The track has a blisteringly fast first straight, even on flats on a trails bike. The berms were up there with the best shapes. Flowing second straight with pro section leading in to a technical third. Final straight not as tight and only slightly more mellow. This is a national standard track. There is a warm up roll in next to the start hill with no gate which sent you at good warm up speed to the first obstacle. The modern post Olympic sized start hill’s can send you and seven others at a speed that may prove challenging. This first straight had large lengthy fairly mellow backsides to accommodate this, perfect. At slower speeds you could ride over or have to hold a long manual. Riding on your own obviously not recommended, but on flats and riding within my ability, the track threw up no surprises. Really good track and a great first impression of what New Zealand tracks were like. Getting there was easy and stress free, almost relaxing.

Off to a wedding for cultural exchanges.

Christchurch continued…

On further research Bmx tracks are listed in under information, under ‘where to ride’ fairly straight forward. Linking up the names to places was a little more tricky. The distinction between a dirt track and a Bmx track is a little blurred. 

I had a day free with a Toyota Land Cruiser Prado to investigated. I somehow found a location of some trails. Directions were easy just head north to Kaiapoi and they were just off the main road. Spotted them from the road and turned in. At about the point of too late to turn round I realise that it’s someone’s home with backyard trails, complete with wooden roll in. Not wanting to be caught I reversed out of there. Awkward. I had a few more locations to check out so headed back to Christchurch. 

This is what I found, another national standard track with a pro section. Downhill and really fun, lots of lines and different obstacles to play around with.

Kyle Park, Hornby. A good session was had here to make up for a couple of ghost hunts. Christchurch is easy to get about, but is quite large.

The first straight now cuts off the dog leg shown here, and with the addition of a pro section.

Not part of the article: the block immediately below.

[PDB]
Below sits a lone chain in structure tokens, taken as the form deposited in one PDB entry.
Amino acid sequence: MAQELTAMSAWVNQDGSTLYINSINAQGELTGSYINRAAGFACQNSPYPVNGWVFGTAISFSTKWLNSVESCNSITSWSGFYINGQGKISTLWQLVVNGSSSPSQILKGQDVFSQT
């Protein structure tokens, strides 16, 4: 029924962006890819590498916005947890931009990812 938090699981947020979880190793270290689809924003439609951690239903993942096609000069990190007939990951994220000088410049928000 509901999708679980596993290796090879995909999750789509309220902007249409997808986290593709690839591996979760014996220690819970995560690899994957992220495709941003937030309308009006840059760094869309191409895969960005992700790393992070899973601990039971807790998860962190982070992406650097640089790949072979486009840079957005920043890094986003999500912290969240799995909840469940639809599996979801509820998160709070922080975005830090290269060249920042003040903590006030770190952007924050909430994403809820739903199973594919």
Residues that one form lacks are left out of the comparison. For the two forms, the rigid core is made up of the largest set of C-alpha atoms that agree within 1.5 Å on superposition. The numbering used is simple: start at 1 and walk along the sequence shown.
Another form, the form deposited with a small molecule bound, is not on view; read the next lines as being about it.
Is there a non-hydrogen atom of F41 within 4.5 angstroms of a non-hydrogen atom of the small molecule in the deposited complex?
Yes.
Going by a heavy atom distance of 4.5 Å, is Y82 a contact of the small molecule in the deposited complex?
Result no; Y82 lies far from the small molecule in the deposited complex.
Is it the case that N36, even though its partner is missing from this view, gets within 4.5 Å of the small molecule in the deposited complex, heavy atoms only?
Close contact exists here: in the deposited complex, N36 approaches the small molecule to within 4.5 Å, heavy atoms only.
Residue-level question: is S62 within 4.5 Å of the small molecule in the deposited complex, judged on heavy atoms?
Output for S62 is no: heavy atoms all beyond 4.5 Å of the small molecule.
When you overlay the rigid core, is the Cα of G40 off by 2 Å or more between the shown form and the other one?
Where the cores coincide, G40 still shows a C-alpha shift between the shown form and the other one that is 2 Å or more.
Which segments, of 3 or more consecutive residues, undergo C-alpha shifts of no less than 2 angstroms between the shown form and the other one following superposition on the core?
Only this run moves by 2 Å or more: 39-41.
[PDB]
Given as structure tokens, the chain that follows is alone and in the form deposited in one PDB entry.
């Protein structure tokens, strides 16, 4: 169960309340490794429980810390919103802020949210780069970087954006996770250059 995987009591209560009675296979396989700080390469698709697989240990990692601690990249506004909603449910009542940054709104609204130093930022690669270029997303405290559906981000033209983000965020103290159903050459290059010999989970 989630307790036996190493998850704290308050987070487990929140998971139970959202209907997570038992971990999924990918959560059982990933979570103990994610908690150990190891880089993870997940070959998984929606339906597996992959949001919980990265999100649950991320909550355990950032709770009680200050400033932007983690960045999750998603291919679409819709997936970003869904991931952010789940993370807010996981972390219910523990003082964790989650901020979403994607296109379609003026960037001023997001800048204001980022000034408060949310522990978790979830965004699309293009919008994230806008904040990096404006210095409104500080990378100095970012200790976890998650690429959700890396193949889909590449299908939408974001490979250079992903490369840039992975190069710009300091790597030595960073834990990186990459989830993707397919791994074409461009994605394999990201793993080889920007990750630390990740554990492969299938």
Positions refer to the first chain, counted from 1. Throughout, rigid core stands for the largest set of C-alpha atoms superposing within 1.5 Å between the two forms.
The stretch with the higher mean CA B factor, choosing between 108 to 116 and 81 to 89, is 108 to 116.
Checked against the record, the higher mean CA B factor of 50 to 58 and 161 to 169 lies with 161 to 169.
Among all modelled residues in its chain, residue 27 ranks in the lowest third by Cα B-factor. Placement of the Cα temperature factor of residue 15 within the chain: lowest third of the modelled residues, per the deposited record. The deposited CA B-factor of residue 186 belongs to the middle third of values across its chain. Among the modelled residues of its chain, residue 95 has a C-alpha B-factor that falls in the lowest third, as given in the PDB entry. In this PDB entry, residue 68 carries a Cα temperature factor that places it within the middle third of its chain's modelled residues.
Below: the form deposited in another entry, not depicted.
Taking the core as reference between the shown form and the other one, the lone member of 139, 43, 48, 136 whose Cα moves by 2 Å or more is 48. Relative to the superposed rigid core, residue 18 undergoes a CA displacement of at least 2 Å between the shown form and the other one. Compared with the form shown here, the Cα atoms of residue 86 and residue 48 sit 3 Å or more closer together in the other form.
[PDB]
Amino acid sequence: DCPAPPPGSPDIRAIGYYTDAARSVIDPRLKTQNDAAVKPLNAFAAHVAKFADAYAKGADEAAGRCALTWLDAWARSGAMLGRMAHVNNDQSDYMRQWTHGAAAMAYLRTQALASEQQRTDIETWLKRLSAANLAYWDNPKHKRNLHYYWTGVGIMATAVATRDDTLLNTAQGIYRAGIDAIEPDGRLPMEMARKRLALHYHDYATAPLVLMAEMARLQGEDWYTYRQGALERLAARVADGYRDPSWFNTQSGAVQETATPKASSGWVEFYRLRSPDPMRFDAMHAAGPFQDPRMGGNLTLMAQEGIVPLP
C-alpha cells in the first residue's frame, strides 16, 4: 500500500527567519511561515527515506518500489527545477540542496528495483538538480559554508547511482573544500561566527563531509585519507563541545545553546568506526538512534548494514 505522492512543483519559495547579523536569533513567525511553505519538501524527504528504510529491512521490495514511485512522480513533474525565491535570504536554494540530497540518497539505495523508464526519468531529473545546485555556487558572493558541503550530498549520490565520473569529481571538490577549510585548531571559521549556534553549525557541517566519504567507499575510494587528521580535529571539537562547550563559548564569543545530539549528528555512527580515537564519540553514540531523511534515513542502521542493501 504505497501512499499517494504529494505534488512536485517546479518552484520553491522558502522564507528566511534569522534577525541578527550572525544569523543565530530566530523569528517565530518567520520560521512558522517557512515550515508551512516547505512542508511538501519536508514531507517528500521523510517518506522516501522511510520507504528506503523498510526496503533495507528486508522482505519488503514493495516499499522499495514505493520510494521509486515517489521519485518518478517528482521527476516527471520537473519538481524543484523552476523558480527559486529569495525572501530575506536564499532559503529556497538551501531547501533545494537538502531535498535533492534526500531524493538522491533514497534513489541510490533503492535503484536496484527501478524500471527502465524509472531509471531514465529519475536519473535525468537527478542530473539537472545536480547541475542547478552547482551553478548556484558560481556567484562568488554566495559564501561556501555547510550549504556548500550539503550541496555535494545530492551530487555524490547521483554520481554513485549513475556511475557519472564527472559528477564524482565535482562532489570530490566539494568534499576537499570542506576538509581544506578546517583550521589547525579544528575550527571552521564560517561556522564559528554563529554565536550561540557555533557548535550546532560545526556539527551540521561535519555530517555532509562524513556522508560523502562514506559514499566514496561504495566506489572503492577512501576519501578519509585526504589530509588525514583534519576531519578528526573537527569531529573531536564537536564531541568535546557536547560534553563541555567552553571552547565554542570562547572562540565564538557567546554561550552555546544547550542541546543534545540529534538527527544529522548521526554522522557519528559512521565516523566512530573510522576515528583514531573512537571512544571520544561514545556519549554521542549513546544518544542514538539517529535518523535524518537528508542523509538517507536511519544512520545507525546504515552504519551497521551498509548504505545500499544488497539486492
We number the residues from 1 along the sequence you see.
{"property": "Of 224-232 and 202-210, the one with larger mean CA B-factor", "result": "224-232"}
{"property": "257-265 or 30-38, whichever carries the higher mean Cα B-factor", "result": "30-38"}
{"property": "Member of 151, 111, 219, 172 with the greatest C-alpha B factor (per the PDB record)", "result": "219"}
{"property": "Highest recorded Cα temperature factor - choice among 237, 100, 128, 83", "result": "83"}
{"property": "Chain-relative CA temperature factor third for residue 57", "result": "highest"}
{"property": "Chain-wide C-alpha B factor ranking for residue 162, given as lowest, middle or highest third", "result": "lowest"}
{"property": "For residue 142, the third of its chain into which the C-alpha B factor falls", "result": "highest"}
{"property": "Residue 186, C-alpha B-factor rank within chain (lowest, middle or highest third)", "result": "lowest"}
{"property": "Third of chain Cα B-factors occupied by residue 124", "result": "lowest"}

Next stop, Washington reserve Sk8 park. Just happened upon this place. The first though was, I could of easily put a skateboard in the golf bag. 

Had a lot of real street, mini, midi and gradually built up to vert bowls.

North Island, New Zealand

Rotorua, Lord of the Rimmers

Flew from Queenstown to Auckland . $60 excess on the golf bag bike, pppffftt, oh well. Travelled down to Rotorua in another monster truck SUV. On highway 1 drove past the National cycling velodrome in Cambridge, looked like a pump truck next to it, probably a track somewhere too, but with the tight schedule and time short, stopping was not an option, as we were missing a Maori show as it was.

Rolling in to Rotorua saw a downhill zorb track and another skyline gondola. Beneath were some crank works obstacles visible.

Arrived just before dark and got this shot of the geothermal activity, just behind the Holiday Inn. 

A free tear off map revealed the location of a Bmx track, within riding distance!

With the car being used by my travelling companions to visit Maori land the next day, I would be free to roam. Track first then explore the gondola area. 

A national standard track U inside a U, with a pump track and trails. Host to the national championships in 2012. The pump track was a welcome addition to loosen up on, with 6-7 turns of good shape and direction change. 

The trails had wooden roll in with a step down. I had a sense of others had felt when they had to drop in at my trails with a similar step down. Visions of the front disappearing and impacting on the front of the backside was the fear, with no transistion, it would be a hop. It worked seamlessly though, threading landing perfectly. 

The track started with a step up step down triple, double, semi step up table in to a long outside U. Split on exit outside pro line, inside step up step down, then two larger taller doubles. Third straight consisted of two doubles a roller then double. The last straight, step up table to pick up double to quad rollers and a table to finish. No room for a finish line, it maybe wishful thinking that the finish line is the table? The holy grail of finish lines with a victory waft, an actual look back and exciting mid flight battles for the line. At the end of the finishing straight was a building with 1 to 8 at the base.

Being only 5 years in to racing this set up is a new one on me. On further investigation I am reliably informed on its use. Finishing places at the end of a race, so anyone can raise an arm and protest. Seems like a nice time to immediately reminisce the battles that had taken place, for about 30 seconds or so…

Next up was the pump track at the bottom of Rotorua’s gondola.